You’ll have to decide for yourself if the idea of constantly having to check the oil levels is a reason to keep you from buying a Subaru Outback, or if it’s a problem you could learn to live with.
2. The Subaru Outback’s Windshield Can Crack Spontaneously
Another potential downside to buying the Subaru Outback is the problems with its windshield.
This is not just an issue that’s been observed on the Subaru Outback. Owners of other Subaru models have complained about the same issue as well.
Subaru uses a type of glass for their vehicles called acoustic glass.
Acoustic glass is made by placing a special resin material called Polyvinyl Butyral (or PVB) between two layers of regular windshield glass. PVB acts as a type of insulation from the exterior to the interior of the car.
The idea behind acoustic glass is that by installing this type of windshield it will be harder for outside street and environment noises to be heard inside the car, thus making for a more pleasant and safer ride.
We all know that noise distraction is a leading cause of accidents, especially for younger drivers. Reducing excess noise will help keep everyone safe.
It’s also much more pleasant to ride inside a car that is more soundproof. Reducing outside noise means that it’s easier to hear your passengers, your music or your navigation system while you are driving.
But, acoustic glass is also more prone to knicks and cracks. Though the cause isn’t exactly clear, drivers have reported finding large cracks across their windshield, even when nothing has come in contact with it.
There are also complaints that the company hasn’t been cooperative in fixing cracked windshields, even when the car is still under warranty.
Again, this problem may not be a dealbreaker for everyone.
I currently own a Subaru Ascent and, though I have not yet dealt with a cracked windshield, I knew of the problem when I bought the vehicle. But because I loved the Ascent, I was willing to deal with the possibility that replacing the windshield might be in my future.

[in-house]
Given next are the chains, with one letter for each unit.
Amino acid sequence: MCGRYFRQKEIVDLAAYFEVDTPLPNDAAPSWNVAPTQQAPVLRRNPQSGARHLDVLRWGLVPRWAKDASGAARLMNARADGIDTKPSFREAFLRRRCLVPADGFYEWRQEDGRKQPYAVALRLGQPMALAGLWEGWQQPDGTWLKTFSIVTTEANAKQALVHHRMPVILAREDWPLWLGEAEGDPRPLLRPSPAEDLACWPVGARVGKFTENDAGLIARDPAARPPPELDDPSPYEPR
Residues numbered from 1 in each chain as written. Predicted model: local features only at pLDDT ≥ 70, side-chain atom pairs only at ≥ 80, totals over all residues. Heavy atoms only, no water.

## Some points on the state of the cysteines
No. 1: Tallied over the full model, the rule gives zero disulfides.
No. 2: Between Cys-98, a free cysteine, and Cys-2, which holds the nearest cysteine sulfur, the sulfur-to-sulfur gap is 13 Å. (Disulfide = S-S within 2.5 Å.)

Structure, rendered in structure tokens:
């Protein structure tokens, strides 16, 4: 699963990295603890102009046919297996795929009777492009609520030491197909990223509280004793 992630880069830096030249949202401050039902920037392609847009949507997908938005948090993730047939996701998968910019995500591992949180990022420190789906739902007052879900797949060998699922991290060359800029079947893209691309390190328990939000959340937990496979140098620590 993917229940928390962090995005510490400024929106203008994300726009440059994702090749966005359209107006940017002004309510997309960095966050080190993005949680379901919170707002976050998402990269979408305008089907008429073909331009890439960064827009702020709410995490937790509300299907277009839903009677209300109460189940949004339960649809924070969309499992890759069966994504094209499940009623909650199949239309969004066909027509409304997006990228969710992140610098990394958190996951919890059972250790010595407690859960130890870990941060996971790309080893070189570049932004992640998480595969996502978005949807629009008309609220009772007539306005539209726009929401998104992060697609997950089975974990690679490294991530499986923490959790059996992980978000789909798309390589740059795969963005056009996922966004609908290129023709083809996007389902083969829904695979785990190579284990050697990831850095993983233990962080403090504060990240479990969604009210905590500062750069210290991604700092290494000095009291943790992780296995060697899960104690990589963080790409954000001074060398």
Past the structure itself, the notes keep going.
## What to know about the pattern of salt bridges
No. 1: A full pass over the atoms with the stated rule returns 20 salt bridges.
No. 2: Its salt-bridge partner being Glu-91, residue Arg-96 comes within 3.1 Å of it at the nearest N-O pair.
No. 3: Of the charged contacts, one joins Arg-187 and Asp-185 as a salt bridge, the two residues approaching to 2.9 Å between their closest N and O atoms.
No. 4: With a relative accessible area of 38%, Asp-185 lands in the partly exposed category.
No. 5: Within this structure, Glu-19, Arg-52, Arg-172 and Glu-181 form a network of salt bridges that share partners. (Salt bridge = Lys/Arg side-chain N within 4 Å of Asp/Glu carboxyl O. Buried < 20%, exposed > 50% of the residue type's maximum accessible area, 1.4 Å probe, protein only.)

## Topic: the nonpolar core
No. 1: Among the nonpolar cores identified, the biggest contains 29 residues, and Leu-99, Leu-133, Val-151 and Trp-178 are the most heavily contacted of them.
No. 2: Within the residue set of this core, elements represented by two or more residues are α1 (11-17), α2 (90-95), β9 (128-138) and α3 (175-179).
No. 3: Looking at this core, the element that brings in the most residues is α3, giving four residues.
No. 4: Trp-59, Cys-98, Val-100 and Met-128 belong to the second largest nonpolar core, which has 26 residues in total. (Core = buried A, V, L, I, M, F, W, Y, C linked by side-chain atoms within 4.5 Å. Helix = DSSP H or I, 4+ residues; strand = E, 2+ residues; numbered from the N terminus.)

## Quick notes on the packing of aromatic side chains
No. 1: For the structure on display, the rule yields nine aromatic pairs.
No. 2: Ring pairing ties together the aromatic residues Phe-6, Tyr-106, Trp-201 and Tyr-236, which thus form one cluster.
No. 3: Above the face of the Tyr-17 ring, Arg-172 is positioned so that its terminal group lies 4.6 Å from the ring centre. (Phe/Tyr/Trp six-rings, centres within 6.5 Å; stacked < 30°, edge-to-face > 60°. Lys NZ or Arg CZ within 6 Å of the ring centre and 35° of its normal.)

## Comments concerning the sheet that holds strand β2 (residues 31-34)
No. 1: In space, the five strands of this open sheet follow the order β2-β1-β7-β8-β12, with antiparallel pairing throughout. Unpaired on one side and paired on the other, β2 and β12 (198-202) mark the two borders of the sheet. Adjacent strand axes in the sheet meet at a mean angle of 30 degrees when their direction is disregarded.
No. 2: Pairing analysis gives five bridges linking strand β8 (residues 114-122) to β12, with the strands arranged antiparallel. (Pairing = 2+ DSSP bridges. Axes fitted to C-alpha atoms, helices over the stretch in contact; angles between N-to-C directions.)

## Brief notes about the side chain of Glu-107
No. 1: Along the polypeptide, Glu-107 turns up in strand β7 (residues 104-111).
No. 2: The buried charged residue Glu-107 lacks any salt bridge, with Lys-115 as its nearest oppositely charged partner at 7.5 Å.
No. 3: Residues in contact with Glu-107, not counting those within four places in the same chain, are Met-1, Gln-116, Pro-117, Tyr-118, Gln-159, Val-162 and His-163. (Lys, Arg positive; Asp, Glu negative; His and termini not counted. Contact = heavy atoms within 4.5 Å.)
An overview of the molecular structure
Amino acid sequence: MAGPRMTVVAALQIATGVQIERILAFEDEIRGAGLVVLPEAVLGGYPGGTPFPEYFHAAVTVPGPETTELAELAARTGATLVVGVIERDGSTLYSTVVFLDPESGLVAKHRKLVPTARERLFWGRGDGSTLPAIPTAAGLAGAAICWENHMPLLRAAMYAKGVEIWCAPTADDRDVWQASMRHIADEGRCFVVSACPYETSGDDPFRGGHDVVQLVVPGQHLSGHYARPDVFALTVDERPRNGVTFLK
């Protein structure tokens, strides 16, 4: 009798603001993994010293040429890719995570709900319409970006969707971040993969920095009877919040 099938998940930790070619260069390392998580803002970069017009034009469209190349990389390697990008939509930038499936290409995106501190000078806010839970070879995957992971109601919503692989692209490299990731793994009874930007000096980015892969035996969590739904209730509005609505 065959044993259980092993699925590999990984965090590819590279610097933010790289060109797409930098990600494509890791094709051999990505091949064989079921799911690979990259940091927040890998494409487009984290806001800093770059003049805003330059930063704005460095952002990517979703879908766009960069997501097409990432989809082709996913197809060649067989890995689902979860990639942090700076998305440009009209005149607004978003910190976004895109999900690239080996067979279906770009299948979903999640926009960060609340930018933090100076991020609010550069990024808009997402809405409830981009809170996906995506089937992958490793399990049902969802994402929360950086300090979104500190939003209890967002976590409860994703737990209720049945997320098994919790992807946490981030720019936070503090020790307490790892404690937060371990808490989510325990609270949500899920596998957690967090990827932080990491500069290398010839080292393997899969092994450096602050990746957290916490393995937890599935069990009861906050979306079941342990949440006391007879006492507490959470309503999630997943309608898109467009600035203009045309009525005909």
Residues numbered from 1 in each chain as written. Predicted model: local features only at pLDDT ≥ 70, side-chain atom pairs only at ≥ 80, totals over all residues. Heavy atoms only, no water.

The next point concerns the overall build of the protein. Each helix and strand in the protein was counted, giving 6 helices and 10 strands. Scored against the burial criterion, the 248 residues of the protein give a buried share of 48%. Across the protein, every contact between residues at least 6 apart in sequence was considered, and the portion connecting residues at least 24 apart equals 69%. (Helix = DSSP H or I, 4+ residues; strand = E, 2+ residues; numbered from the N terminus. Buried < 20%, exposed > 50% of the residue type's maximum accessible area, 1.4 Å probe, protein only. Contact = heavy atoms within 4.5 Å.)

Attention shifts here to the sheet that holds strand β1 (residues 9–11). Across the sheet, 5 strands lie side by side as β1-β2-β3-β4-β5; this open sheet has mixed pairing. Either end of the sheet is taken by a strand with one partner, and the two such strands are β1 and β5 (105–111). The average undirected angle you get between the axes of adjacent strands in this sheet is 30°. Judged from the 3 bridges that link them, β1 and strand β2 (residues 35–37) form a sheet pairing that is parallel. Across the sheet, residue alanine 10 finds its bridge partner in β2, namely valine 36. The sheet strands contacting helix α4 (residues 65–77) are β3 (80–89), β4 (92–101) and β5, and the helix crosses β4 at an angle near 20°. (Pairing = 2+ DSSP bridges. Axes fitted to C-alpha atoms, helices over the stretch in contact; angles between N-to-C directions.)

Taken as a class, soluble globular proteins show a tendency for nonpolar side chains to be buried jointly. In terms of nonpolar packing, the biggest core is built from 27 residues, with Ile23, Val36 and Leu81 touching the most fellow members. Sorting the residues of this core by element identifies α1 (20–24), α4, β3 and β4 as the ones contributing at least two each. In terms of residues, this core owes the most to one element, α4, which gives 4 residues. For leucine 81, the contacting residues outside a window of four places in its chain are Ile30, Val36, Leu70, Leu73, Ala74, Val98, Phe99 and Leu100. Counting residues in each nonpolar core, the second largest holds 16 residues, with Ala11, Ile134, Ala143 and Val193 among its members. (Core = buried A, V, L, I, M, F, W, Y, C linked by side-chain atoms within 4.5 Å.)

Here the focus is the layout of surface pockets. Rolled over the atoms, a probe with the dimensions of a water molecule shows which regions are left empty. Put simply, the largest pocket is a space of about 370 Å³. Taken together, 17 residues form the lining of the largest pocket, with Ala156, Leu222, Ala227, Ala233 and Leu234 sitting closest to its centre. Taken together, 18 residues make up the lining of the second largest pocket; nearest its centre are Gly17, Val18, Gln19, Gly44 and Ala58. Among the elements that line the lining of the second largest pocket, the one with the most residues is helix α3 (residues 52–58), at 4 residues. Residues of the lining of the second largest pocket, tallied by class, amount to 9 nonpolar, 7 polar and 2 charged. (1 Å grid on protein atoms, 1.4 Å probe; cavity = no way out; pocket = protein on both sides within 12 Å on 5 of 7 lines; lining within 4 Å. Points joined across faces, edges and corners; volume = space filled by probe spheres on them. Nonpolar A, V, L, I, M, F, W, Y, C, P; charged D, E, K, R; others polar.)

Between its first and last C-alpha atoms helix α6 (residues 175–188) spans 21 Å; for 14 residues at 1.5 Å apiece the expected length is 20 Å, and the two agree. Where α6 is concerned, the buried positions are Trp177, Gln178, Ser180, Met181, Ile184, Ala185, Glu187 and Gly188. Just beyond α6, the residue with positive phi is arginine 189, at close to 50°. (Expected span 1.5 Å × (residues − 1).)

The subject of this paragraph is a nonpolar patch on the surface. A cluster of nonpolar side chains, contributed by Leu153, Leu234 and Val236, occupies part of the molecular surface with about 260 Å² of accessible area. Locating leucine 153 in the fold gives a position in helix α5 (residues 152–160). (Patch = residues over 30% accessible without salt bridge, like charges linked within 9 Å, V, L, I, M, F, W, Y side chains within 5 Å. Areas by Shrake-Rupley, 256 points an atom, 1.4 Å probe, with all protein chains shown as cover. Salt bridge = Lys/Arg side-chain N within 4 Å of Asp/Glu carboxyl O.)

If you feel the same way about the Subaru Outback, then replacing a cracked piece of glass may not deter you from buying this car.
3. The Subaru Outback’s Transmission Can be Problematic at Times
Finally, one of the biggest problems that may keep you from buying the Subaru Outback are complaints that many owners have had over the transmission malfunctioning and causing issues with the car’s engine.
We all know that transmission problems in a vehicle are one of the hardest and most expensive to deal with. Having a transmission go out means having your car out of commission for an extended period of time, and having your bank account drain of some hard-earned savings.
A car’s transmission is its operating system. Without a transmission, your car’s engine won’t be able to regulate itself from various speeds and usage. The transmission is what allows you to accelerate and slow down without the temperature of the engine having to change every time your foot does.
Having transmission problems can mean a variety of things. Sometimes a belt just needs to be replaced. Other times it may be an entire gear shaft that’s gone bad.
Either Way, dealing with transmission problems is never fun, and those who have dealt with them on their Subaru Outback have found it to be one of their least favorite things about the car.
Even if it’s a minor fix, you’ll want to make sure that dealing with a faulty transmission is something you won’t mind doing if you decide to bring home a Subaru Outback. Though not every Outback has had problems with the transmission, it’s a good idea to be prepared for it, just in case.
About The Author
I've spent many years selling cars, working with auto detailers, mechanics, dealership service teams, quoting and researching car insurance, modding my own cars, and much more.Read More About Charles Redding